For All Defence Aspirants Minimum Wages Act For Domestic Workers
Minimum Wages Act For Domestic Workers
A Petition Has Been Field In The Supreme Court And Has Sought Its Intervention To Lay Down Guidelines To Protect Domestic Workers; Rights.
A Domestic Worker Is A Person Who Is Employed On A Temporary Or Permanent Basis To Do The Household Work. According To Estimates By The International Labour Organisation(ILO), There Are At Least Four Million Domestic Workers In India.
Through Domestic Work Is An Economic Activity The Vast Number Of The Domestic Workers Remain Unregulated And Beyond The Reach Of Social Benefits.
The Petition Sought The Recognition Of Domestic Work Under The Minimum Wages Act,1948 Fixing Of Work Hours To Eight A Day And A Provision Of Mandatory Weekly Off To Domestic Workers As A Basic Right Under Article 21.
Since Domestic Workers Belong To The Unorganized Sector, There Are No Laws Safe Guarding Their Rights- No Minimum Wage Requirements, No Health Or Insurance Benefits, And No Job Security Whatsoever.
Most Of The Domestic Workers Are From Vulnerable Communities- Adivasis, Dalits Or Landless Other Backward Classes (Obcs) .Nearly All Of Them Are Migrant Workers With An Overwhelming Number Being Women.
This Makes Them Easy To Replace And Vulnerable To Exploitation.
International Labour Organisation
The International Labour Organization (ILO) Is A United Nations Agency With Its Headquarters Located In Geneva Switzerland.
ILO Deals With Labour Issues, Particularly International Labour Standards, Social Protection ,And Work Opportunities For All.
The Organization Was Created In 1919, As Part Of The Treaty Of Versailles That Ended World War I, To Reflect The Belief That Universal And Lasting Peace Can Be Accomplished Only If It Is Based On Social Justice.
ILO Is A Tripartite Organisation, The Only One Of Its Kind Bringing Together Representatives Of Governments, Employers And Workers In Its Executive Bodies.
India Is A Founding Member Of ILO.
While Several Legislations Such As The Unorganised Social Security Act,2008 Sexual Harassment Against Women At Workplace (Prevention, Prohibition And Redressal) Act,2013 And Minimum Wages Schedules Notified In Various States Refer To Domestic Workers, There Remains An Absence Of Comprehensive, Uniformly Applicable, National Legislation That Guarantees Fair Terms Of Employment And Decent Working Conditions.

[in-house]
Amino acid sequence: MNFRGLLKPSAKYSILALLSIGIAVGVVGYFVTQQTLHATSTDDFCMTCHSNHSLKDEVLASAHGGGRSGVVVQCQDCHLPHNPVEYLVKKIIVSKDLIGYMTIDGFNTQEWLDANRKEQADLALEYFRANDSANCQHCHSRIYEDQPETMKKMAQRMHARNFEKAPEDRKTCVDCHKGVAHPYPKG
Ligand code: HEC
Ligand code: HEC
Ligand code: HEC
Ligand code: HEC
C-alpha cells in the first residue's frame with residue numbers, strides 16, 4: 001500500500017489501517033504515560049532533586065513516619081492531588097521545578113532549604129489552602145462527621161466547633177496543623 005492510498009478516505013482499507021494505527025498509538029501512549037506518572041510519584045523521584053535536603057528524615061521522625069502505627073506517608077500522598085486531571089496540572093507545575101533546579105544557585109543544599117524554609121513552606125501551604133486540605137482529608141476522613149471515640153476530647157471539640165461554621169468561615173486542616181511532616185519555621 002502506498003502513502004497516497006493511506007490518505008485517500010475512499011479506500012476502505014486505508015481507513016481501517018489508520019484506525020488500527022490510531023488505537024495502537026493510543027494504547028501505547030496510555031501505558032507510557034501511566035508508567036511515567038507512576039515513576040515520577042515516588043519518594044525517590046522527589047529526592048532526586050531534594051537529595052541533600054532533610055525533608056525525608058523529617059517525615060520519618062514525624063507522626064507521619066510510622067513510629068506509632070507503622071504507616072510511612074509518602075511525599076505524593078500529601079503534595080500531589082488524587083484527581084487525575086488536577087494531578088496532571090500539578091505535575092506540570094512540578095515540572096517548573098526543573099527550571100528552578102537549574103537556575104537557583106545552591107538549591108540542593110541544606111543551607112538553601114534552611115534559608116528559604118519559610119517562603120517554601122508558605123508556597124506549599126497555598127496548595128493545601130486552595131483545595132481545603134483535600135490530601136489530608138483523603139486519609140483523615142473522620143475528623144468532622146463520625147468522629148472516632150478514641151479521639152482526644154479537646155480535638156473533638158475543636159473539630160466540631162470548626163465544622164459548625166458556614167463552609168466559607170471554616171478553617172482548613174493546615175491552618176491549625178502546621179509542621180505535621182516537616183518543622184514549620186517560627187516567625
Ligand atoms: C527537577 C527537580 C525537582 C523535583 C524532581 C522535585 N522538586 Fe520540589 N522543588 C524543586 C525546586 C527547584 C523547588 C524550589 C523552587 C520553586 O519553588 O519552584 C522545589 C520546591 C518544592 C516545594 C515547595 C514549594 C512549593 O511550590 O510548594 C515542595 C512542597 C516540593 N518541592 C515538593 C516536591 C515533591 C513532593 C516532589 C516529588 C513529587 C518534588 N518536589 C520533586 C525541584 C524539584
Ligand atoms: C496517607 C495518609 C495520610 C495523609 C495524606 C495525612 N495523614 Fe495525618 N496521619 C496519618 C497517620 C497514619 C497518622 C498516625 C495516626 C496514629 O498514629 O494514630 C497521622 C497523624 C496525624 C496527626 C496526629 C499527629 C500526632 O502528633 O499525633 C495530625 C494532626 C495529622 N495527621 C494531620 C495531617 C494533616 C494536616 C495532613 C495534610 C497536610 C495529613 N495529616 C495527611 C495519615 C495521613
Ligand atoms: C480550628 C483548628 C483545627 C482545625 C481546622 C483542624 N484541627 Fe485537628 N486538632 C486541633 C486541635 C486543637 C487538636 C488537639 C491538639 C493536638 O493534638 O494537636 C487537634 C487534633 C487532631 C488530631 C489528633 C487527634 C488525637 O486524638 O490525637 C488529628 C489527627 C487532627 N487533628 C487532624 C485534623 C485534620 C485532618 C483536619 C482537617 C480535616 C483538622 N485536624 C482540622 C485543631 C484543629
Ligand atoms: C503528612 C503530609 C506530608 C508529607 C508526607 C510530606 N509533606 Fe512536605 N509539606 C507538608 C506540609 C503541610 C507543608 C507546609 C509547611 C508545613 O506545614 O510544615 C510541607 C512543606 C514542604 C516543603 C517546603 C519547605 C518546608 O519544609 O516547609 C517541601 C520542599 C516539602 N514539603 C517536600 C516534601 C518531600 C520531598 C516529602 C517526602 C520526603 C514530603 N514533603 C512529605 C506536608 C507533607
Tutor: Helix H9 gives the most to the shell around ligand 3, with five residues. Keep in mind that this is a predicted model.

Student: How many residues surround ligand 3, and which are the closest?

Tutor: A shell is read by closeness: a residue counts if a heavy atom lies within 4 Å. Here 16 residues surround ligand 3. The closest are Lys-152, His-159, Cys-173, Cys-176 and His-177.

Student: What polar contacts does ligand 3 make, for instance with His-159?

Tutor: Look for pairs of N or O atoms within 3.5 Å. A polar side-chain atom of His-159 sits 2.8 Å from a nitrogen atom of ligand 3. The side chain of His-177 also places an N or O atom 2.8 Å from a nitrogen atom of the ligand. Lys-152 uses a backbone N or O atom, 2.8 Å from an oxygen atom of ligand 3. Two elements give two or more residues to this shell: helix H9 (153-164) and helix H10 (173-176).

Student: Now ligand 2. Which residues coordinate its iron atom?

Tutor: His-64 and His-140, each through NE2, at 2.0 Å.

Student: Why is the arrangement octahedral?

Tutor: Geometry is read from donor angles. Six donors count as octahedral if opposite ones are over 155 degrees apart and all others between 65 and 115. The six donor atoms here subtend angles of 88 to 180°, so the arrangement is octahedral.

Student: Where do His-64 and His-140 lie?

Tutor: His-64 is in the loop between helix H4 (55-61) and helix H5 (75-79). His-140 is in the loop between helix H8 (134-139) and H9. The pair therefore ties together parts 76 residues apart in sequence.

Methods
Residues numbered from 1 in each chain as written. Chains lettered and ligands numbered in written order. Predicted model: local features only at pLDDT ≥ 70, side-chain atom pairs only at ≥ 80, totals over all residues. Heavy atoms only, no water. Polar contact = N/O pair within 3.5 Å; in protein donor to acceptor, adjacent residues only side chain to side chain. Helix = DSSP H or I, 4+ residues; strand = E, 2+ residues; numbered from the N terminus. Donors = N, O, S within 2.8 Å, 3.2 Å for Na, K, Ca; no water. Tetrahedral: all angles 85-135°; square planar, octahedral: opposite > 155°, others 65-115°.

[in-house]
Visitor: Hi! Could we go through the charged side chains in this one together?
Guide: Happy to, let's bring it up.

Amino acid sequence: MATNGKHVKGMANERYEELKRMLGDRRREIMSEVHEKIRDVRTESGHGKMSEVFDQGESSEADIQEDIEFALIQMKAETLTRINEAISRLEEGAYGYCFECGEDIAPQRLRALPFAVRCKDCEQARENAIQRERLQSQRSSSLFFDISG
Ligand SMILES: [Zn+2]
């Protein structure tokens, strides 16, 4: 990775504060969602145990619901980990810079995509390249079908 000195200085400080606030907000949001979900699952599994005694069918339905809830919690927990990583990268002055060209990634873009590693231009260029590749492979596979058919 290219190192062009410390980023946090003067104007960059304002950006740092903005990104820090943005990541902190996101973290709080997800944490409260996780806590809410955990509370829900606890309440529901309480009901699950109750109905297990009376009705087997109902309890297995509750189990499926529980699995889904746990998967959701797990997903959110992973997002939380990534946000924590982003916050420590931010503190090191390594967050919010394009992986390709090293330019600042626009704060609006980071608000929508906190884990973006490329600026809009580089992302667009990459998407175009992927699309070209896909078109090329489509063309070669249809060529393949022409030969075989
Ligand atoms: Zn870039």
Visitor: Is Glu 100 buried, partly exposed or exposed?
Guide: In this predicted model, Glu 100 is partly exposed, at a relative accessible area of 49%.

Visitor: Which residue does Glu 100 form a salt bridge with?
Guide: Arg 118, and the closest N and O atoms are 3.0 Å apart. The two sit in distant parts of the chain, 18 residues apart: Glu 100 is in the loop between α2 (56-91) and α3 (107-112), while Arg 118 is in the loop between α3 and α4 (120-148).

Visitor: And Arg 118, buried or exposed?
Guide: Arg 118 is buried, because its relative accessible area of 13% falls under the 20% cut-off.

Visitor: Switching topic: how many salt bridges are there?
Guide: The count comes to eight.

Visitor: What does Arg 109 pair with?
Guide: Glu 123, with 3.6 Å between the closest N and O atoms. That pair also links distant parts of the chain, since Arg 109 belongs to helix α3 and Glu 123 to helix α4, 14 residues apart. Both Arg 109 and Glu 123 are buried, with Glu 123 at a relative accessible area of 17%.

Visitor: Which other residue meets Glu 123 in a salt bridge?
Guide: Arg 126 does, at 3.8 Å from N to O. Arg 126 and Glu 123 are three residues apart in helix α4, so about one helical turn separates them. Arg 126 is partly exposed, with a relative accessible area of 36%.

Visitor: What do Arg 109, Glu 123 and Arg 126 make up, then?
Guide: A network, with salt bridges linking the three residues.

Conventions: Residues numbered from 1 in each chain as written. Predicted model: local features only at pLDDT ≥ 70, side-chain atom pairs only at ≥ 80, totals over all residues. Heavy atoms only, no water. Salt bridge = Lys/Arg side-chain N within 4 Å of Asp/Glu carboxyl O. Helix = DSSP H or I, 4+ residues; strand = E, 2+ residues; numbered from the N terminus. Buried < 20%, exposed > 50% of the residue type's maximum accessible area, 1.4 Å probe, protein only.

India Is A Signatory To The ILO’s 189th Convention, Known As The Convention On Domestic Workers But Has Not Ratified It Yet.
The Demands For Decent Work For Domestic Workers Are Two Pronged-First ,It Calls For Recognition Of The Rights Of Domestic Workers For Fair Terms Of Employment And Second ,It Calls For The Active Participation Of The State.
Minimum Wage Provisions Are Important Instruments To Protect The Workers From Low Wages. It Recognizes The Basic Contribution Of Domestic Workers To Homes And Societies, And Is A Key Means Of Ensuring The Principle Of Equal Pay For Work Of Equal Value.
Domestic Workers And Employers Should Mandatorily Register With Local Authority ,Which Is Crucial For Monitoring Whether Both Parties Are Fulfilling Their Contractual Obligations An D For Adjudicating Conflicts.
Convention On Domestic Workers
The Convention Concerning Decent Work For Domestic Workers, Adopted In Geneva In 2011,Sets Labour Standards For Domestic Workers.
It Is A Strong Recognition Of The Economic And Social Value Of Domestic Work And A Call For Action To Address The Existing Exclusions Of Domestic Workers From Labour & Social Protection.
The Convention Mandates That Domestic Workers Be Given Daily And Weekly Rest Hours,Their Payment Must Meet The Minimum Wage Requirement.
Ratifying States Are Also Required To Take Protective Measures Against Violence Against Workers And Also Required To Enforce A Minimum Age For Employment.
However, Since These Provisions Are Not Binding On Those Countries That Have Not Ratified The Convention ,India Is Not Obliged To Enforce These Recommendations.
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